London's Dockless Bike Boom: The Future of Urban Transport or a Plague on Our Pavements?airport_transferbarbathtubbusiness_facilitieschild_activitieschildcareconnecting_roomcribsfree_wifigymhot_tubinternetkitchennon_smokingpetpoolresturantski_in_outski_shuttleski_storagesmoking_areaspastar

London's Dockless Bike Boom: The Future of Urban Transport or a Plague on Our Pavements?

An Ofo bike in Shoreditch, London
An Ofo bike in Shoreditch, London | © Ofo
With plans to expand across London, dockless cycle firms are cracking down on dumped bikes in an effort to keep pavements clean.

Beijing-based dockless bike start-up Ofo, which has introduced 1,250 cycles across London since last summer, has announced plans to introduce 150,000 more bikes to its London fleet, while competitor Chinese firm Mobike has added thousands of cycles to London this year alone. The expansion follows residents’ embrace of the brightly coloured free-range bikes, which can be hired with an app and don’t require docking at fixed stations.

While the dockless schemes offer a healthy, environmentally friendly and flexible transport solution, a growing number of cycles left on pavements, chucked into canals and drowned in the Thames have left citizens and transport authorities wondering how to manage the deluge as the number of cycles is set to swell.

Mobike ©shankar s./Flickr

The concern stems from the outcomes of other dockless cycle schemes in other global cities; in Shanghai, the number of dockless bikes grew from 450,000 to 1.5 million in between February and August 2017. As dozens of start-ups flooded the city, urban infrastructure and regulations weren’t prepared, resulting in piles of thousands of disused and abandoned bikes. In Paris, Rome, Milan and Turin, dockless firm Gobee.bike was forced to remove its fleet after 60% of its cycles were destroyed.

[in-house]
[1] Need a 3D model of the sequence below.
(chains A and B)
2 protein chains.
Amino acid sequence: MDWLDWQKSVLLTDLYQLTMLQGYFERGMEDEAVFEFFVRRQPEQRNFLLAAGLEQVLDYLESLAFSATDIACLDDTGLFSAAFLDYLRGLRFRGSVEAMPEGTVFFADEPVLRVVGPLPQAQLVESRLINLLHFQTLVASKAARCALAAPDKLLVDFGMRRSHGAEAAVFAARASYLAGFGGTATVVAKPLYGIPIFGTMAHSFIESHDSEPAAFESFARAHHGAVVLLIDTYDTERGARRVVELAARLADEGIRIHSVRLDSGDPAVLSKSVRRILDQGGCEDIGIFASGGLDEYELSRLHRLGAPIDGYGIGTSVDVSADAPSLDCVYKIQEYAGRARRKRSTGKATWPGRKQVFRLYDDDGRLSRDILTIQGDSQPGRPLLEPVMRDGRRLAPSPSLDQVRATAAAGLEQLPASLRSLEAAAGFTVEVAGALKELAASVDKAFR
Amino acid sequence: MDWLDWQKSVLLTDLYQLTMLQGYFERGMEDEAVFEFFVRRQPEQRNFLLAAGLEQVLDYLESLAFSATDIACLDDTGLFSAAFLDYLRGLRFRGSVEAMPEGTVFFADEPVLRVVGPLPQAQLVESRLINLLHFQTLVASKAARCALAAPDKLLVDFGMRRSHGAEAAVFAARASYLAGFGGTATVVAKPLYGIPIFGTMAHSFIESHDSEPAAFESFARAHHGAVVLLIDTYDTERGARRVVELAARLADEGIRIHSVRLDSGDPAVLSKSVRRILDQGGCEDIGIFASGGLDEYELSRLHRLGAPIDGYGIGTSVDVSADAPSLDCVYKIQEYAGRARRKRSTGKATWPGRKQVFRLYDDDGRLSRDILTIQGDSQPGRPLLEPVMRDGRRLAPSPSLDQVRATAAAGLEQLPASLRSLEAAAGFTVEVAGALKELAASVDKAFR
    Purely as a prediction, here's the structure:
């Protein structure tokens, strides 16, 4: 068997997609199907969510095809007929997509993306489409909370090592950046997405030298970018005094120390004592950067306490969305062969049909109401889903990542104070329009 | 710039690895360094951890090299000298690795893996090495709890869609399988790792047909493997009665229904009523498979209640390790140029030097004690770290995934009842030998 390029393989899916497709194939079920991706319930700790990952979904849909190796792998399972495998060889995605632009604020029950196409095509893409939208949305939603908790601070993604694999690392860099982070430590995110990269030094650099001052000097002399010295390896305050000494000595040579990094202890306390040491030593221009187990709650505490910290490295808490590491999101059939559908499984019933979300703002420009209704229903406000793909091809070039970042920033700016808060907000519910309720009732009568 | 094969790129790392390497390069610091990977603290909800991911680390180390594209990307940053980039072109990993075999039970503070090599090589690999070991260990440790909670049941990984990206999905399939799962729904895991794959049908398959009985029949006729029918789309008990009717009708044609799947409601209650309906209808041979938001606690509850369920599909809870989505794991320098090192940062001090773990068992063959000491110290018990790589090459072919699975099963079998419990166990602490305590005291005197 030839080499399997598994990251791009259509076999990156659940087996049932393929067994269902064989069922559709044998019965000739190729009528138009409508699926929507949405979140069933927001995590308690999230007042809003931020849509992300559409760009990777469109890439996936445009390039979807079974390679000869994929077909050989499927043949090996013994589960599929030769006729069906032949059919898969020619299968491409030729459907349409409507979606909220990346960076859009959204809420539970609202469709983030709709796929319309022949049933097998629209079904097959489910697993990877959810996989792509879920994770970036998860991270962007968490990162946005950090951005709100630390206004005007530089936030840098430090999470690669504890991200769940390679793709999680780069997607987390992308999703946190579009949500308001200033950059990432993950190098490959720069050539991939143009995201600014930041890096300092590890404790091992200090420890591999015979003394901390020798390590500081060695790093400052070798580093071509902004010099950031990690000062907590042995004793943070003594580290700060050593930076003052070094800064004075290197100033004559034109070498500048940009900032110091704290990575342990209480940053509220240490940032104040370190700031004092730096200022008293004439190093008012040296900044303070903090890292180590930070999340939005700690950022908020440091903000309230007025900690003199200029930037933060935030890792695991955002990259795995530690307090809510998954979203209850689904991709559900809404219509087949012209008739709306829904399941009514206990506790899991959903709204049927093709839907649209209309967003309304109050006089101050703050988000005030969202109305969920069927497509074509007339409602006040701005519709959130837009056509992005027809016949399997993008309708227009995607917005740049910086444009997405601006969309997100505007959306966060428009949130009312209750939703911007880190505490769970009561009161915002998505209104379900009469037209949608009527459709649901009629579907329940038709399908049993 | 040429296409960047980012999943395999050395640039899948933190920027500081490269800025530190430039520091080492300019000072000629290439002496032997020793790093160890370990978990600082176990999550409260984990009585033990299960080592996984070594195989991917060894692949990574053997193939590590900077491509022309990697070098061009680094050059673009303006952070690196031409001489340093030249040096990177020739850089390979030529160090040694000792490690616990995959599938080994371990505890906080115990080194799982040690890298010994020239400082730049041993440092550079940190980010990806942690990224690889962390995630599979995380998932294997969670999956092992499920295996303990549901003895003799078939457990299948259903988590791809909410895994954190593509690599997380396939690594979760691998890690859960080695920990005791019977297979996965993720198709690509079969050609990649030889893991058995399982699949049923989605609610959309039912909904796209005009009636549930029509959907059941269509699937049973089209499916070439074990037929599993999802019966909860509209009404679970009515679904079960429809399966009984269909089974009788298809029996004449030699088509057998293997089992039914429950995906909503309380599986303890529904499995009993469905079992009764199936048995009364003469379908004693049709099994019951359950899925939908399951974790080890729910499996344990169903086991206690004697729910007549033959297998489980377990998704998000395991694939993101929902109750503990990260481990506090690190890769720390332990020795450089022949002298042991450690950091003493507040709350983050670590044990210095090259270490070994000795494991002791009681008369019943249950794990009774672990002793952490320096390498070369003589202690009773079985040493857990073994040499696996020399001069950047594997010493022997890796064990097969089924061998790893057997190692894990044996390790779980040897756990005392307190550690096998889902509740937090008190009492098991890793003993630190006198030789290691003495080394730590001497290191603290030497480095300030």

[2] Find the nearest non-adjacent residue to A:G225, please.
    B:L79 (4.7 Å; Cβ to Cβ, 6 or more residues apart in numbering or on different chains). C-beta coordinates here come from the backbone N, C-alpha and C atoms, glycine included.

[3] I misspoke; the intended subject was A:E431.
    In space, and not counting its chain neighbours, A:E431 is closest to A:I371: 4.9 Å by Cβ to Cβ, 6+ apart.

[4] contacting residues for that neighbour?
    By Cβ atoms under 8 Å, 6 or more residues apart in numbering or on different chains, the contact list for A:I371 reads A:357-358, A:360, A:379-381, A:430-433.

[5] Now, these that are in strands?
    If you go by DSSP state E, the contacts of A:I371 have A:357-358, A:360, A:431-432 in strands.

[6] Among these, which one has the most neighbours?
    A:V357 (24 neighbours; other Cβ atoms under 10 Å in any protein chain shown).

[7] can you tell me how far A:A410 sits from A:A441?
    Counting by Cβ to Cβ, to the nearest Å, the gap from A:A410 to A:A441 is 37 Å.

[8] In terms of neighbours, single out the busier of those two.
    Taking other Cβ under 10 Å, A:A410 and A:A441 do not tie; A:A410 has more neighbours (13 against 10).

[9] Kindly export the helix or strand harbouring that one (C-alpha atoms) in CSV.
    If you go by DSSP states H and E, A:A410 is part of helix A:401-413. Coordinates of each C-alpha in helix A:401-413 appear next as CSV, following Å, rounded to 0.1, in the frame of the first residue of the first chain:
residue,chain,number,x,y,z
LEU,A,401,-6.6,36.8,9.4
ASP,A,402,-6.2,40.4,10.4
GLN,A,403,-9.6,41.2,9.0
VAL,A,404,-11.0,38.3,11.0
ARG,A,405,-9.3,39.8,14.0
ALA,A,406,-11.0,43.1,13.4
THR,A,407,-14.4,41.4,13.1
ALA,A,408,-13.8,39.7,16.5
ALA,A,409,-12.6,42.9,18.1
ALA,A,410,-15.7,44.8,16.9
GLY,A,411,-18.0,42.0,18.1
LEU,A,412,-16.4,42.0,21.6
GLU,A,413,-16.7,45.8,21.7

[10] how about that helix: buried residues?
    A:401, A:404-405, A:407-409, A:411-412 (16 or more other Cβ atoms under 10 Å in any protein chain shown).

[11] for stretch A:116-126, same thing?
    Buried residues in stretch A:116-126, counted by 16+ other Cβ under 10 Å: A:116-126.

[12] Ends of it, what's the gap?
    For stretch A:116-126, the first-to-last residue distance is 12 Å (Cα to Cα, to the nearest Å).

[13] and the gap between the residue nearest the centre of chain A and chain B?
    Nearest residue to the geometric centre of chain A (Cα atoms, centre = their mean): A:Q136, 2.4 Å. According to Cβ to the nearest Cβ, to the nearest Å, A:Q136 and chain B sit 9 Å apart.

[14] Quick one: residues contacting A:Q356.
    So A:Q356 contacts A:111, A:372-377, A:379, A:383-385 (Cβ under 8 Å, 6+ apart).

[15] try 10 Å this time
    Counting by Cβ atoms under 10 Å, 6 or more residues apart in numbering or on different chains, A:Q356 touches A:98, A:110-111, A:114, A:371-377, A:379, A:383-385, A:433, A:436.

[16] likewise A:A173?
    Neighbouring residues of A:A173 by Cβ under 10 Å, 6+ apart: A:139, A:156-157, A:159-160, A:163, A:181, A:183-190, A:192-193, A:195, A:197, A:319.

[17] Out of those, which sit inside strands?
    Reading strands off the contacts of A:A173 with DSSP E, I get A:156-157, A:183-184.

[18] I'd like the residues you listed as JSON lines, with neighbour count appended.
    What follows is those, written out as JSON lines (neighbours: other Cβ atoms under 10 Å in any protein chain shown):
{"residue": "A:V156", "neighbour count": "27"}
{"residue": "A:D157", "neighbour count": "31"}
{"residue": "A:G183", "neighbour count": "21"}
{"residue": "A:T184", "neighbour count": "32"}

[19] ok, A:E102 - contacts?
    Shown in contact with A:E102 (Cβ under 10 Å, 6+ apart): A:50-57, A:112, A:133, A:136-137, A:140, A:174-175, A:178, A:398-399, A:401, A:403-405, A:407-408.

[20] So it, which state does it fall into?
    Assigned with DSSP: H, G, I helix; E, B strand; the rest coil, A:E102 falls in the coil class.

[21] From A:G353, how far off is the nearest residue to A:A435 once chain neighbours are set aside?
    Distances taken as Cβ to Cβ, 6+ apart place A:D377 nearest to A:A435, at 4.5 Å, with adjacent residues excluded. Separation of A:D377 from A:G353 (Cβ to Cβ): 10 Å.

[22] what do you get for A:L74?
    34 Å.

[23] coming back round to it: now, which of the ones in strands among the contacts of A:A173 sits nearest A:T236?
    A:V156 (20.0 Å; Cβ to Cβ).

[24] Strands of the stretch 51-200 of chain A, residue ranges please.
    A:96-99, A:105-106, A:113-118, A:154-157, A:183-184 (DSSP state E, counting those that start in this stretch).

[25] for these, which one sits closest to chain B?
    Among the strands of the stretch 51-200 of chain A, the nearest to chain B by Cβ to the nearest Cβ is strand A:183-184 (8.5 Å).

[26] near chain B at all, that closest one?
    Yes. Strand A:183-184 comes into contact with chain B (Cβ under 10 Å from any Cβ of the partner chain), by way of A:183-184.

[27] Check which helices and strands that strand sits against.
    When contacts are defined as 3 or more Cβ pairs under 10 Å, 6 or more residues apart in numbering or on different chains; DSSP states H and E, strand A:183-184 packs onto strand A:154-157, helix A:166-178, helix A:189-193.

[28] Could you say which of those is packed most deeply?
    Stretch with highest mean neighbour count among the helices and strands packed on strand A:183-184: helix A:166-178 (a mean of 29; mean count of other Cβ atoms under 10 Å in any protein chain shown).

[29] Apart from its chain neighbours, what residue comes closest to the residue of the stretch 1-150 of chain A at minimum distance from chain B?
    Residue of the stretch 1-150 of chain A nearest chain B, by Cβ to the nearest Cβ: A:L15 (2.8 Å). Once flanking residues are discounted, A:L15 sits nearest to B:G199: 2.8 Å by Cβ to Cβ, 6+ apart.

While London has, so far, had limited issues with destroyed or inappropriately parked bikes, start-ups are looking at preventative strategies to keep pavements clean and bikes and citizens protected.

To use the bikes, customers download the start-up’s free app, use the in-built map to locate a cycle, and unlock it by scanning a QR code on the bike. When the journey is done, users simply park and close the lock. Now, Mobike is turning to ‘geofences’ that won’t allow journeys to end or leave a person’s account unless cycles are parked in approved areas (i.e. away from canals or out of pedestrian thoroughfares).

Broken bicycles in Shanghai, China © Elizaveta Kirina / Shutterstock

Meanwhile, Ofo, which uses GPS trackers to link its bikes to its servers, has deployed a roaming team of marshals with custom smartphone apps to look for abandoned, damaged, or inappropriately parked cycles. In the case of a cycle’s destruction, customers can be fined a service charge.

While the dockless schemes have been popular in London so far, preventative strategies for keeping the pavements clean is a step towards ensuring their potential as a viable transport alternative. As Uber, the world’s biggest name in urban transport disruption, learned in London earlier this year, playing by the city’s rules and ensuring buy-in from local governments and citizens is key a start-up’s long-term success.

Read our article ‘What the Uber Ban Says About London’s Tech Culture’ for more on the relationship between London and disruptive tech start-ups.